• And every week there seems to be another gun massacre, typically in the U.S., but not always. And I see evangelical Christians saying that the abundance of guns isn’t the problem, but it’s the lack of prayer in schools. Seriously? What world are those people living in? The bulk of gun massacres are being carried out by right-wing white men, many of whom would call themselves Evangelical Christians. And far-right white supremacy is rampant in many coutries.

I realize I need to tell you up front that I consider myself an evangelical (small e) Christian, but I am not, nor have I ever been, an Evangelical (capital E) Christian (what some call Fundamentalist).

In my opinion, what’s happening in the government in the United States is horrible. The president has been impeached for abuse of power and obstruction of Congress.

But the fact that many Evangelical Christians not only support this president, but seem to venerate, and, in some cases, idolize him, makes me wonder what on earth is happening.

  • People who believe they know God’s will better than anyone else.
  • People who believe black and brown people are somehow less “human” and therefore of less value than white people.
  • People who think it’s okay to lie and cheat as long as you “win.”
  • People who call themselves “pro-life” but could care less about what happens to the babies after they’re born.
  • People who believe women are intrinsically worth less than men and should be silent unless asked to speak.
  • People who absolve rapists and abusers while degrading and causing further abuse to the victims.
  • People who hate those who are non-binary, and refuse to give them equal rights.
  • People who won’t listen to anyone who disagrees with them.
  • People who seek power regardless of the cost to others.

I don’t know what kind of world this is going to be in ten years. Okay, maybe just one year.

And some days, my brain gets stuck in a loop that goes over and over these and other issues, and I get mired in helplessness. What can I possibly do to make a difference? Especially while I still have low energy from the last year of breast cancer.

I feel overwhelmed.

And Who I believe.

Two passages from the New Testament come to my mind.

This verse, as far as I can tell, pretty well sums up everything.

‘Teacher, which command in the law is the most important?’

Jesus answered, “Love the Lord your God with all your heart, all your soul, and all your mind. This is the first and most important command. And the second command is like the first: Love your neighbor as you love yourself. All the law and the writings of the prophets depend on these two commands.” (Matthew 22:36–40, NCV)

And this is the second. Again, it seems very clear about what is right and what isn’t.

The wrong things the sinful self does are clear: being sexually unfaithful, not being pure, taking part in sexual sins, worshipping gods, doing witchcraft, hating, making trouble, being jealous, being angry, being selfish, making people angry with each other, causing divisions among people, feeling envy, being drunk, having wild and wasteful parties, and doing other things like these.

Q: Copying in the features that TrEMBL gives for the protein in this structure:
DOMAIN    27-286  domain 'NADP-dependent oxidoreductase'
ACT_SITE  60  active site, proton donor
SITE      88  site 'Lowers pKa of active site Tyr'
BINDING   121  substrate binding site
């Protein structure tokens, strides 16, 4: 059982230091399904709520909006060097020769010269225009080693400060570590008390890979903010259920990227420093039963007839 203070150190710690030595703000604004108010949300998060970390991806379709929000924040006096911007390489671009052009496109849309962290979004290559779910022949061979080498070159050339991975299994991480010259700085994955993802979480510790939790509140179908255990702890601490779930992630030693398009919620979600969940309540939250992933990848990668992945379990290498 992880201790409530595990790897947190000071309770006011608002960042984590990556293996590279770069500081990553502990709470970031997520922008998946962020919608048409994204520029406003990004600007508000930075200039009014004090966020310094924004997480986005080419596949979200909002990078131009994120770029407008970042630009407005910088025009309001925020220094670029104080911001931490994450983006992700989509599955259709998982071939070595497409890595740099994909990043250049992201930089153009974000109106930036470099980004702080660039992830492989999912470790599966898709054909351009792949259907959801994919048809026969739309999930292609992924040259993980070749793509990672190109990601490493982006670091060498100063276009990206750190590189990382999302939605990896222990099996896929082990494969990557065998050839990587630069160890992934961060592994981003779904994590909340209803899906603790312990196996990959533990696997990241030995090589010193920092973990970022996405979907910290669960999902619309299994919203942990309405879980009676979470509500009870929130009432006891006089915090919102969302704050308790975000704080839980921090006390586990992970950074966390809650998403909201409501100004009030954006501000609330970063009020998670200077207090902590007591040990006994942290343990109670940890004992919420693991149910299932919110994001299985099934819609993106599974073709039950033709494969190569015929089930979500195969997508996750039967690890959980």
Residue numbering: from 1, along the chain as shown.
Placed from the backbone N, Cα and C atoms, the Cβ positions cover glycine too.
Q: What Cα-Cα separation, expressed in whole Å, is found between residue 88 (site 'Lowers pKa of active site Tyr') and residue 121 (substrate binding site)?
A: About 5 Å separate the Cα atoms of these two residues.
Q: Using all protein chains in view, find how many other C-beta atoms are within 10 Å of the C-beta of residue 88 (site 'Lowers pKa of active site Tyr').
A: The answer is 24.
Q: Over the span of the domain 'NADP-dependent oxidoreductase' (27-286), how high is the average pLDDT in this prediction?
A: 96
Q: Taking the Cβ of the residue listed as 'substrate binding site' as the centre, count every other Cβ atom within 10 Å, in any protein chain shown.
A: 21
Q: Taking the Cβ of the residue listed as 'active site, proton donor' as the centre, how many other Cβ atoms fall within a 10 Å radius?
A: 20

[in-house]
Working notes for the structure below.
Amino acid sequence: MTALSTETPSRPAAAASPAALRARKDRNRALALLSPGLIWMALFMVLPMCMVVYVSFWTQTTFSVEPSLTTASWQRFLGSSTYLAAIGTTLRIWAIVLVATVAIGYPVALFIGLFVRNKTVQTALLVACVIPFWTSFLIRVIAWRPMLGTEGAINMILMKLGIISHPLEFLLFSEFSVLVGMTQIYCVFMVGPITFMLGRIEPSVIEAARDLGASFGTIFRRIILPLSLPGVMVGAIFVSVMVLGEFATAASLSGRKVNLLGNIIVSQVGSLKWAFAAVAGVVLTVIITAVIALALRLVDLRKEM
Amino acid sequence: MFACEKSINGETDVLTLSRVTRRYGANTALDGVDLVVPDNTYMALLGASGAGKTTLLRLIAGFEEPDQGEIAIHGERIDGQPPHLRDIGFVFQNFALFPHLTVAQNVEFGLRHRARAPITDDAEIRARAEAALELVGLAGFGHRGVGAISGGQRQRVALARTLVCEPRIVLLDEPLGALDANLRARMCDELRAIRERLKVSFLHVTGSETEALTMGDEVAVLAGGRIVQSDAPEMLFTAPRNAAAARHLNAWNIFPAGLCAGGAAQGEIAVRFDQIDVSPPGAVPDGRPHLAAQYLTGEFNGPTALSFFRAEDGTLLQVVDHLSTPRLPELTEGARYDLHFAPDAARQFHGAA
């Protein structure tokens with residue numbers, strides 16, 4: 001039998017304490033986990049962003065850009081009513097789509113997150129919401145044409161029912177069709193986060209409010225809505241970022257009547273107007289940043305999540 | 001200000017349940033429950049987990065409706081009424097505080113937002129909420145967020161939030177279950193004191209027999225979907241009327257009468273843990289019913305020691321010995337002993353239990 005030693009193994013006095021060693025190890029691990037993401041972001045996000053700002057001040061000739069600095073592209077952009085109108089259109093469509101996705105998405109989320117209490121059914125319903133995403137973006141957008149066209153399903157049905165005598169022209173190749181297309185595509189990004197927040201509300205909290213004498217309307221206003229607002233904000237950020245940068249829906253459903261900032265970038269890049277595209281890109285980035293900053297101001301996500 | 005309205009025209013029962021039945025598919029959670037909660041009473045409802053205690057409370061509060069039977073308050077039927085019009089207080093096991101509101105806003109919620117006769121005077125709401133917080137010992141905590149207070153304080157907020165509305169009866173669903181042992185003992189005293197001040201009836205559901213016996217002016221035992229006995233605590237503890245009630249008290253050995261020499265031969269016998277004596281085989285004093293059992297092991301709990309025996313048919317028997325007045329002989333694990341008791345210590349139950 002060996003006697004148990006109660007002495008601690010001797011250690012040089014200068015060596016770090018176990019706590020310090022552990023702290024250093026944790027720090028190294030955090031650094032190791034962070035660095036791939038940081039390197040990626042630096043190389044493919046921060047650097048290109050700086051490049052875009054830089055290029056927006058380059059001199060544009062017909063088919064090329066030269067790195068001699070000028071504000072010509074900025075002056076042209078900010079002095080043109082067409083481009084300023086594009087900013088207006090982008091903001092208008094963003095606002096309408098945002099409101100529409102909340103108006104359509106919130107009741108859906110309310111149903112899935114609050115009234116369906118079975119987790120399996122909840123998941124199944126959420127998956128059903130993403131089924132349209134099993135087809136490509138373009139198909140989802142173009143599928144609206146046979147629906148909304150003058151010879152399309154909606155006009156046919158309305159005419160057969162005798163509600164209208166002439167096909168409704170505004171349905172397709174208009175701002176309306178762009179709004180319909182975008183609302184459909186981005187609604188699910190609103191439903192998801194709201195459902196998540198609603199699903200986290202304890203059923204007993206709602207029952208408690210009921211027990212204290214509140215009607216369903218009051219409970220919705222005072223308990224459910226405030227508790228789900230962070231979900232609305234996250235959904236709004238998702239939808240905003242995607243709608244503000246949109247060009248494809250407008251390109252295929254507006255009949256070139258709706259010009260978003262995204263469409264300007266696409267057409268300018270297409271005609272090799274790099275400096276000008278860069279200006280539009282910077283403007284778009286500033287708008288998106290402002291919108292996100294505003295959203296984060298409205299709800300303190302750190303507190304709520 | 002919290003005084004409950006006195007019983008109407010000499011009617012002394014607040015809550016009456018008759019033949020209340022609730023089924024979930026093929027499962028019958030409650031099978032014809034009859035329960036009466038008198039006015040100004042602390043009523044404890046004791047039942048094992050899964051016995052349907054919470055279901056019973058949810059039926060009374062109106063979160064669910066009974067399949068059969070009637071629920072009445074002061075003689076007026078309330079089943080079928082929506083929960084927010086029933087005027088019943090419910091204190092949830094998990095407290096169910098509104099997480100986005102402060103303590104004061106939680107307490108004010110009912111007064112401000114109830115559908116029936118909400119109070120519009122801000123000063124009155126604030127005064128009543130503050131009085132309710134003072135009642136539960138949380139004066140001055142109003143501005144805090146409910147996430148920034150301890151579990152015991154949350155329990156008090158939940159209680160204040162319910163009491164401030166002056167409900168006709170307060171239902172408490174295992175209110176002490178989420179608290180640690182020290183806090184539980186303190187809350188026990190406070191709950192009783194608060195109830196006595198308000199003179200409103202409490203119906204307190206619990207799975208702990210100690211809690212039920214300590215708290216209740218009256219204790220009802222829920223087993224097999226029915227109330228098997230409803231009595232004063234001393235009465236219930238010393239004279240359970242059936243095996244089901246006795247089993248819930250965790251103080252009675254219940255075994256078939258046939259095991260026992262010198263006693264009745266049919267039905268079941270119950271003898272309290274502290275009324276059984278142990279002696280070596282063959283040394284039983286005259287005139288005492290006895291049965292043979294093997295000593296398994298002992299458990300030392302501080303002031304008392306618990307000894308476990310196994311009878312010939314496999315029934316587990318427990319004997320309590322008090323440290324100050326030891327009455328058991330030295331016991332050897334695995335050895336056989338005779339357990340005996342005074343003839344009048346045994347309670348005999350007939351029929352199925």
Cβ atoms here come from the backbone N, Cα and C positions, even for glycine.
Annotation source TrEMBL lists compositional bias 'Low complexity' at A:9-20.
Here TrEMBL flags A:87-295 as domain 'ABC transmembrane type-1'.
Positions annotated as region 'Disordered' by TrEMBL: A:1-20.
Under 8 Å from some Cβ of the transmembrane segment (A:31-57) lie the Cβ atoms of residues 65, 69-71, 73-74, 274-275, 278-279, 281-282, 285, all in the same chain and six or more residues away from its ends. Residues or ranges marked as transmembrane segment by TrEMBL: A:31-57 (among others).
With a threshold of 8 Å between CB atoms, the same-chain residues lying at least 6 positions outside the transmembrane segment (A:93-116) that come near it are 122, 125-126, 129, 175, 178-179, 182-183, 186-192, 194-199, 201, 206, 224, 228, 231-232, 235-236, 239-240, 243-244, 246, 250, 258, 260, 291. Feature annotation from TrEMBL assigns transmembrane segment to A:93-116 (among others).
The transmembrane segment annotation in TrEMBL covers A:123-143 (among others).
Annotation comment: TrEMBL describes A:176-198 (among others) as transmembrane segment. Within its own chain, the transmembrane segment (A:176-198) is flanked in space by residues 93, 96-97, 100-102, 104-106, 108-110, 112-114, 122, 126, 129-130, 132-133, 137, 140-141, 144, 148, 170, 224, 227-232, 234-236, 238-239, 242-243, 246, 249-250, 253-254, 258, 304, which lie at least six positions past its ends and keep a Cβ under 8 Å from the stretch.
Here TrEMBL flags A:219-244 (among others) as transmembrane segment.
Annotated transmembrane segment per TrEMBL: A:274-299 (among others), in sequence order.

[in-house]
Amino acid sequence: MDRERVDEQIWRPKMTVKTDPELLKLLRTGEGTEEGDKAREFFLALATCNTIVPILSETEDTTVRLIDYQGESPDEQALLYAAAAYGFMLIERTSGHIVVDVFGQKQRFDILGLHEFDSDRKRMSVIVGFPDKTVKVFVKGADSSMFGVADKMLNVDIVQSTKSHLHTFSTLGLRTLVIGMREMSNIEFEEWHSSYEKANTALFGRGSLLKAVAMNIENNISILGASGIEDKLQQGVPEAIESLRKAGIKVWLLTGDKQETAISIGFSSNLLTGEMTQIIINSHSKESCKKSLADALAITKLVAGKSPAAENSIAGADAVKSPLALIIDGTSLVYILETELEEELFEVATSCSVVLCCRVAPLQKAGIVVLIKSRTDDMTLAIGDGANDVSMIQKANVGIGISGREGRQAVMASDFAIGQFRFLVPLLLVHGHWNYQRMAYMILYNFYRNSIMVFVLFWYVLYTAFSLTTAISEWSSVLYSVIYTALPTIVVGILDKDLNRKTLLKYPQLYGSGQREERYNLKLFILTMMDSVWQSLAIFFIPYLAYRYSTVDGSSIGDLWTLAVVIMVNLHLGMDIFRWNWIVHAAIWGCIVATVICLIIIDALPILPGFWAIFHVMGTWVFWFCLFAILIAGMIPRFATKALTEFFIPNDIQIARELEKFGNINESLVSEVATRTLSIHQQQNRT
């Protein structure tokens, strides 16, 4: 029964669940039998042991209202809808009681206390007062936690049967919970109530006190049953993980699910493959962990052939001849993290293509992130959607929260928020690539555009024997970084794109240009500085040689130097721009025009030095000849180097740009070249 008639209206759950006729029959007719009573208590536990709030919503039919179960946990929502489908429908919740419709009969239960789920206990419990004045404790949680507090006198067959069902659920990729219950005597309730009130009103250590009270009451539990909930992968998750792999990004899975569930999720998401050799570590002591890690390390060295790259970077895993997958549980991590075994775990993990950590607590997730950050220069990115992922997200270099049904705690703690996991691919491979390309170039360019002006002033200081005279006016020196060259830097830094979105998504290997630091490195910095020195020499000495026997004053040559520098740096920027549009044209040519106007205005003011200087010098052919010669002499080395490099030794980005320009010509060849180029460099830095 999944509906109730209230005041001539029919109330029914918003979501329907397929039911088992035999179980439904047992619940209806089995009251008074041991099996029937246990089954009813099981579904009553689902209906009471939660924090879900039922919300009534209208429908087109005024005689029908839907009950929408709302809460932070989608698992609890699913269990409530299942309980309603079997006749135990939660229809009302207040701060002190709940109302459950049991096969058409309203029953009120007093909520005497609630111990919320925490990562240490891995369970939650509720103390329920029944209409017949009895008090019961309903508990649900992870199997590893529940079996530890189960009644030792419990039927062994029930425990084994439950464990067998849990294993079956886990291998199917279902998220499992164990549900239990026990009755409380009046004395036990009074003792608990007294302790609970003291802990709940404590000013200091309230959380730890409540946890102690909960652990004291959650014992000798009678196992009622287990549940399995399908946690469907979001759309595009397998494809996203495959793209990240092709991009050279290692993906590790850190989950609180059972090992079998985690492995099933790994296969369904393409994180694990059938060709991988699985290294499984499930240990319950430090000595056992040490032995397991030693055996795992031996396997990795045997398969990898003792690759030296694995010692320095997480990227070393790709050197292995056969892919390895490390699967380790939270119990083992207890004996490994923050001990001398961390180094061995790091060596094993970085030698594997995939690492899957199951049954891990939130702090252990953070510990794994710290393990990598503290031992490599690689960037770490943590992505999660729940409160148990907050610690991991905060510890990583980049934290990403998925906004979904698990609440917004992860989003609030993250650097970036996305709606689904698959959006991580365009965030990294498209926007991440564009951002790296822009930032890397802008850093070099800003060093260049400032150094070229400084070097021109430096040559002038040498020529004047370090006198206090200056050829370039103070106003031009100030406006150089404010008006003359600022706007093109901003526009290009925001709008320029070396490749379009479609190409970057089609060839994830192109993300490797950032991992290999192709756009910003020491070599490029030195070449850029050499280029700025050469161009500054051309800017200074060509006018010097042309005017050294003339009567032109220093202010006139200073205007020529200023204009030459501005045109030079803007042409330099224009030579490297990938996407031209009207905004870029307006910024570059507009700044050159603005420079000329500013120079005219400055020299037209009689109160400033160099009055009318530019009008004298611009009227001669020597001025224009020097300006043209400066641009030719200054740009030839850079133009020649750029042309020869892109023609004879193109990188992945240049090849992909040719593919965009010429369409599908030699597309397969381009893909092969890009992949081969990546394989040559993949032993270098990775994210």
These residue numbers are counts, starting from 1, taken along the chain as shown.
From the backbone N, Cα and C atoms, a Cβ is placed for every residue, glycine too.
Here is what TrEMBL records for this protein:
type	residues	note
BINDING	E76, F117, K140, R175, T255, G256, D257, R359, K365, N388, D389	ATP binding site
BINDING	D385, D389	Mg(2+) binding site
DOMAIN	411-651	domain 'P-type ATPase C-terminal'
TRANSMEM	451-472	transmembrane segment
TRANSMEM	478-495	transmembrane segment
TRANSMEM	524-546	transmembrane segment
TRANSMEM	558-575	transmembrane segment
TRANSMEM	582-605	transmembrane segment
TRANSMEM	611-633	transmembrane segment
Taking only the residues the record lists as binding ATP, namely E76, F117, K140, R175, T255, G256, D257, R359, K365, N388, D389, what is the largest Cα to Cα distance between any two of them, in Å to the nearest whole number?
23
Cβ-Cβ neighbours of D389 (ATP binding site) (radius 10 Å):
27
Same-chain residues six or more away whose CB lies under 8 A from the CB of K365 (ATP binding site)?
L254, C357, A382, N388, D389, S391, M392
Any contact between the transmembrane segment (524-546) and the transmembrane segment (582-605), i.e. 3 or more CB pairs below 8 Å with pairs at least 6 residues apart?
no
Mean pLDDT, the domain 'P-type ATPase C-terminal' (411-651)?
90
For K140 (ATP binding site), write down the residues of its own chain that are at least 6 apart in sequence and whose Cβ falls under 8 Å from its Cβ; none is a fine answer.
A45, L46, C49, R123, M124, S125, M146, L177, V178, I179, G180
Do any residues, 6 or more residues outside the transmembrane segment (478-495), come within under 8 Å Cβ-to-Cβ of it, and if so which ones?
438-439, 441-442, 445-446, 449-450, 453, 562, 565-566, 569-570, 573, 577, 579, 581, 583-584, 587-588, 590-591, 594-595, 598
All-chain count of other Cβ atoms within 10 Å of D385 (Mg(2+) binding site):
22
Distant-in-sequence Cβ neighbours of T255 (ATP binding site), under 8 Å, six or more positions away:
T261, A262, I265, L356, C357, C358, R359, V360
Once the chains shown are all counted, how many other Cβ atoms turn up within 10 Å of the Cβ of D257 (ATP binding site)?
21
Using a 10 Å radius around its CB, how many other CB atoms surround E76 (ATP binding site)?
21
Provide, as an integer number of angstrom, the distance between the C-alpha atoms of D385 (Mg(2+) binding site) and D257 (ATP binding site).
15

I warn you now as I warned you before: Those who do these things will not inherit God’s kingdom.

But the Spirit produces the fruit of love, joy, peace, patience, kindness, goodness, faithfulness, gentleness, self-control. There is no law that says these things are wrong. (Galatians 5:19–23, NCV)

I remember growing up during the Cold War.

Nikita Khrushchev banging his shoe at the UN. The Cuban Missile Crisis. Vietnam. Bomb shelters.

Walking to school after lunch just after hearing on the radio that John F. Kennedy had been shot. Seeing my teacher shed tears as she told us the President of the United States was dead.

The assassinations of John F. Kennedy, Martin Luther King, and Bobby Kennedy. The Civil Rights Movement. Richard Nixon. Watergate.

In Canada, the FLQ, Residential Schools, the Pickton murders, more than 1,000 missing and murdered Indigenous women….

I also remember that I prefer to face reality rather than to pretend things aren’t happening. To know the truth. To deal with things the way they are and not the way I wish they were.

I couldn’t agree more. I’d include his enablers as well.

And as I read that article, I’m reminded of lines in the Christmas carol, “The Little Drummer Boy.”

I have no gift to bring…
That’s fit to give our king…

He had no gifts to bring. All he had was his drum.

Shall I play for you…
Mary nodded

Photo by AChubykin, from Deposit Photos.

I realize that my own “drum,” the one thing I have at hand right now, is my ability to write.

Thankfully, writing doesn’t take a ton of physical energy. In fact, getting some of my thoughts out of my head and into a post will probably give me energy.

So I guess this is my New Year’s resolution. I will write about some of the things that have been on my mind over the last few years. At the very least, I won’t continue to look on, feeling overwhelmed, but doing nothing.

Funny. As I was about to publish this, I remembered the quotation below, which I’ve often mentioned during writing workshops, and have even used as part of my email signature.

“If you want to change the world, pick up your pen and write.” — Martin Luther

Writer. Author. Dreamer. I tend to see the big picture and the steps along the way. Plus I try to encourage others to become everything God created them to be.